International Data Protection
May 25, 2023 will be the fifth anniversary of the effective date of the European Union’s General Data Protection Regulation (GDPR), a law that led the way (and has frequently set the standard) for scores of data protection laws that have since been implemented around the world. For the past five years, many global companies have been operating in a perpetually reactive privacy compliance posture, with new laws coming online faster than full compliance programs can be built and operationalized. As a result, privacy governance efforts often target specific obligations without developing a holistic approach for meeting all (or even most) requirements of the law. As the data protection legal landscape continues to evolve, global companies need to assess and improve the maturity of their privacy compliance programs as part of ongoing risk management efforts.
Greater Coordination Among European Regulators. Although historically, data protection authorities (DPAs) have largely focused on policing serious infringements brought to their attention through individual complaints, personal data breach notices, or media exposés, we are starting to see a shift in regulatory agendas toward the proactive use of investigative and corrective powers. Throughout 2022, the effectiveness of the European Member State DPAs and their ability to enforce the GDPR were debated in the European Parliament and in the media. Newer laws, such as the European Union’s Digital Services Act and Digital Markets Act, rely more heavily on a centralized regulatory body, and many have proposed that the GDPR might benefit from similar reforms. In response, Member State DPAs are moving toward a more coherent and coordinated GDPR enforcement strategy, including cooperation among the regulators and simplification of their enforcement action processes. As part of this effort, the European Data Protection Board established criteria for determining investigation and enforcement priorities, such as the recurring nature of an alleged violation, whether it intersects with other legal obligations (for example, consumer protection), and the level of risk to individuals.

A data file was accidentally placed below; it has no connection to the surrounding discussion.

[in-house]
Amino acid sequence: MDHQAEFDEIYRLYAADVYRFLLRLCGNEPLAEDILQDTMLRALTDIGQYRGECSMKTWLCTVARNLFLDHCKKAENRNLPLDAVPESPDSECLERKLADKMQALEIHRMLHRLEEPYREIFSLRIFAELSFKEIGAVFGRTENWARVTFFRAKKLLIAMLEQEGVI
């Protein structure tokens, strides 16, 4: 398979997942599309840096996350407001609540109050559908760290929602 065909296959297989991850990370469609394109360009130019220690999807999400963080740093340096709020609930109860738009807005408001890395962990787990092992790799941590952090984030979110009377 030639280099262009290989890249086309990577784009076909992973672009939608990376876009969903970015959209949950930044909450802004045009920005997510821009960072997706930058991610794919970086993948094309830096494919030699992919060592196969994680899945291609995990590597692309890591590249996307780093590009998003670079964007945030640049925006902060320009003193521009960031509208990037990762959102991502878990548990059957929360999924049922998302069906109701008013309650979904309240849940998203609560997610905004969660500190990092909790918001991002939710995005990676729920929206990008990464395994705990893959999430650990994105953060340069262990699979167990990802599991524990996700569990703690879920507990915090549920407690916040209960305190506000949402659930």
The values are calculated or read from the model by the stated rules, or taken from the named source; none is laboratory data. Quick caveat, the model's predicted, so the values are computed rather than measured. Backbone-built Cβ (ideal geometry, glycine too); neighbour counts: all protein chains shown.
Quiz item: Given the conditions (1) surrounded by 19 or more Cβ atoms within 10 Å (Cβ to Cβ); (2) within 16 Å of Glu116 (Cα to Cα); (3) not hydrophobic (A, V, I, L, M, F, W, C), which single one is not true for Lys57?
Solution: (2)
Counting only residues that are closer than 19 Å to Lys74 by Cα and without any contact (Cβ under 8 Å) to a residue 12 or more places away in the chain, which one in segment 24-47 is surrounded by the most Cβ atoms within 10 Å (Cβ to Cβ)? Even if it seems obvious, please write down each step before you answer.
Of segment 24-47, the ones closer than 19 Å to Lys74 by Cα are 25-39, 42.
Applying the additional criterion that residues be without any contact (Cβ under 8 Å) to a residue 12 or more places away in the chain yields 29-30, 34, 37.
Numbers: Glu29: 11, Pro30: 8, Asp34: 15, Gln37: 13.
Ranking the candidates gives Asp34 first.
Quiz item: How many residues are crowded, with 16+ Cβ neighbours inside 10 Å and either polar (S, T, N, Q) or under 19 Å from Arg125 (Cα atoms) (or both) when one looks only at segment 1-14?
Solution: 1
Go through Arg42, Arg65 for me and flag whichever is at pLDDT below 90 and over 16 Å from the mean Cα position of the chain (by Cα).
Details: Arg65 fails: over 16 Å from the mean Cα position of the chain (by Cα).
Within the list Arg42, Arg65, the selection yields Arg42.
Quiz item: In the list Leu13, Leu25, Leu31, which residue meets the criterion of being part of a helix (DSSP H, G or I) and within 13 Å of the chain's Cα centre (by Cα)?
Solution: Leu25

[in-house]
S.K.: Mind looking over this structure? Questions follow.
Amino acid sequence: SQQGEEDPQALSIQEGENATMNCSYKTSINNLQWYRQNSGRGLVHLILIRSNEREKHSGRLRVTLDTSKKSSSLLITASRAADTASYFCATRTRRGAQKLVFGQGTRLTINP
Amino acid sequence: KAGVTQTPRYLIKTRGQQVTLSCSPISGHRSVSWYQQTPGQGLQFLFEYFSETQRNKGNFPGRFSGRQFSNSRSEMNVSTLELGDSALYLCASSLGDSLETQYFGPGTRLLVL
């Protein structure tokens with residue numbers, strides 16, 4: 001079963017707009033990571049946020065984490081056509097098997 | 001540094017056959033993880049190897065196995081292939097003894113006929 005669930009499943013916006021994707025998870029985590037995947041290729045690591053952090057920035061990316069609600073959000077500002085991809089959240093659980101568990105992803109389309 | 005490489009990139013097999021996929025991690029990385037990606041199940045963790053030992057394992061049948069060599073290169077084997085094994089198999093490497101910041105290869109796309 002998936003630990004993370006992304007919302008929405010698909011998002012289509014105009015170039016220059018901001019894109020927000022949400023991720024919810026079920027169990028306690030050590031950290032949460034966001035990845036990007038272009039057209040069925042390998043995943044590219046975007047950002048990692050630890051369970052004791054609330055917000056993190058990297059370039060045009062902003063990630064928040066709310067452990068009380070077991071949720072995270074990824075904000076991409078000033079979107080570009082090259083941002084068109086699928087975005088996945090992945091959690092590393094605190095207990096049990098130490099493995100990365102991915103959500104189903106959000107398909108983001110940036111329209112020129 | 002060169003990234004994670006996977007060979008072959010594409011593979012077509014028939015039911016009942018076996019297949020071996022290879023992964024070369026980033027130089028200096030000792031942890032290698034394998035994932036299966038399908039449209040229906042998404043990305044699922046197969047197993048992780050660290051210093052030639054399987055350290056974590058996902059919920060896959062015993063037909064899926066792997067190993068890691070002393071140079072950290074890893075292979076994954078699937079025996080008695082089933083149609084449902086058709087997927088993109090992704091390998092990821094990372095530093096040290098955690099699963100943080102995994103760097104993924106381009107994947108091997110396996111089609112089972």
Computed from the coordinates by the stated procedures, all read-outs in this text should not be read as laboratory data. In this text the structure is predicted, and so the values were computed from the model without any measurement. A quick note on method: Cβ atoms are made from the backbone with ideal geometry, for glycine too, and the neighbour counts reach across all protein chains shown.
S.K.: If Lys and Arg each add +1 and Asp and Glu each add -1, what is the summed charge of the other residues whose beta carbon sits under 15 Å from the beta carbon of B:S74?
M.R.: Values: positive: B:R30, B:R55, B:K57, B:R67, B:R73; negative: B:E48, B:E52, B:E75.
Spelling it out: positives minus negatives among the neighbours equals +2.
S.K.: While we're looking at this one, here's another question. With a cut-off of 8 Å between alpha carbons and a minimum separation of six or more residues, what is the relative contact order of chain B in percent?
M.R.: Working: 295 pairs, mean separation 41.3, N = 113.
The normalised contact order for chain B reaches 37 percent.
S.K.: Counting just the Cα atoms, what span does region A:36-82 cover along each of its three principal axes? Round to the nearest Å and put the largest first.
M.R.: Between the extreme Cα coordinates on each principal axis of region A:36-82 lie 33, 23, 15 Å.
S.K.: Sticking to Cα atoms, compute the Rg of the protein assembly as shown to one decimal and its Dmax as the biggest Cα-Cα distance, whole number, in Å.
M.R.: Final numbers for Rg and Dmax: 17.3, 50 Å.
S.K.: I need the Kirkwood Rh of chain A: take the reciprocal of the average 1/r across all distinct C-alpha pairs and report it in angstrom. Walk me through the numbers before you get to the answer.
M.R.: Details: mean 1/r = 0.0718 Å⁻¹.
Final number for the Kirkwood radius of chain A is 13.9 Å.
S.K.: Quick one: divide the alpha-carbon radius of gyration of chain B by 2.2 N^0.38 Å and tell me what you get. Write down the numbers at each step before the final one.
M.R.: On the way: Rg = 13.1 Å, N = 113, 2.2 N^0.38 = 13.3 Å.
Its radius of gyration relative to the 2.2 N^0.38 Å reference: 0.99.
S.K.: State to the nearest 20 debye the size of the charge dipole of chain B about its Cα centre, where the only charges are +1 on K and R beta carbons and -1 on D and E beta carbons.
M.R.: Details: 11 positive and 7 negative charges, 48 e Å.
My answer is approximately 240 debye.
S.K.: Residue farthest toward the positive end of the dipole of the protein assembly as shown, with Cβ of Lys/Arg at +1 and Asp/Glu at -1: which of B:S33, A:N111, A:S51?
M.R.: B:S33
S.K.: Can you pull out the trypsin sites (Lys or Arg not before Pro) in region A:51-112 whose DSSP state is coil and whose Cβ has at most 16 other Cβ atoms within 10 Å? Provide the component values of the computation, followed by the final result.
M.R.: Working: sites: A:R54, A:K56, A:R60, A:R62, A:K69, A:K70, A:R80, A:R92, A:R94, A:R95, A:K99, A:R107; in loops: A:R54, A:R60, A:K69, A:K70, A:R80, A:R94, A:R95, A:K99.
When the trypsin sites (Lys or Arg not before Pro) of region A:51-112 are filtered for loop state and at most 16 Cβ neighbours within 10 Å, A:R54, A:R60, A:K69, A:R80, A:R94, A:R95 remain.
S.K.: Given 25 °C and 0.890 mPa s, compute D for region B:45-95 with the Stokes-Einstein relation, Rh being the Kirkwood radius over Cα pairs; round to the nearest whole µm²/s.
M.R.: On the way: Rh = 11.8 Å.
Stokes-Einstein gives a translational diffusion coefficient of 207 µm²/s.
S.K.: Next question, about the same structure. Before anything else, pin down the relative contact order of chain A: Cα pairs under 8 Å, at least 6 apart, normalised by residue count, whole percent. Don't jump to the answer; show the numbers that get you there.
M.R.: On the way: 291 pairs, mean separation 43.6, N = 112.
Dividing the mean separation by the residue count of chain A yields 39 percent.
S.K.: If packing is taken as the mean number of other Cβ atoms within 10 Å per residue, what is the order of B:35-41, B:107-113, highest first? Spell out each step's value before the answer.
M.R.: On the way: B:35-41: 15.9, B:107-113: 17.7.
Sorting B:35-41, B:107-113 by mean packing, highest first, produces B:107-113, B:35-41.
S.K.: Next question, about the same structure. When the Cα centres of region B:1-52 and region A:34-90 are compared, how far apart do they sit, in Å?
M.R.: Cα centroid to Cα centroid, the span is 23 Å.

Enforcement Priorities. Many regulators annually publish their enforcement strategies for the upcoming year or annual reports highlighting their enforcement activities. In Europe, DPAs are clearly prioritizing inspections and sanctions. As a general matter, DPAs expect to see more workforce awareness and internal training to address privacy and data security compliance in an anticipatory manner. The European Data Protection Board has indicated that it will be focusing an upcoming coordinated action on the designation and position of data protection officers – whether they have been properly appointed and are being appropriately deployed within companies.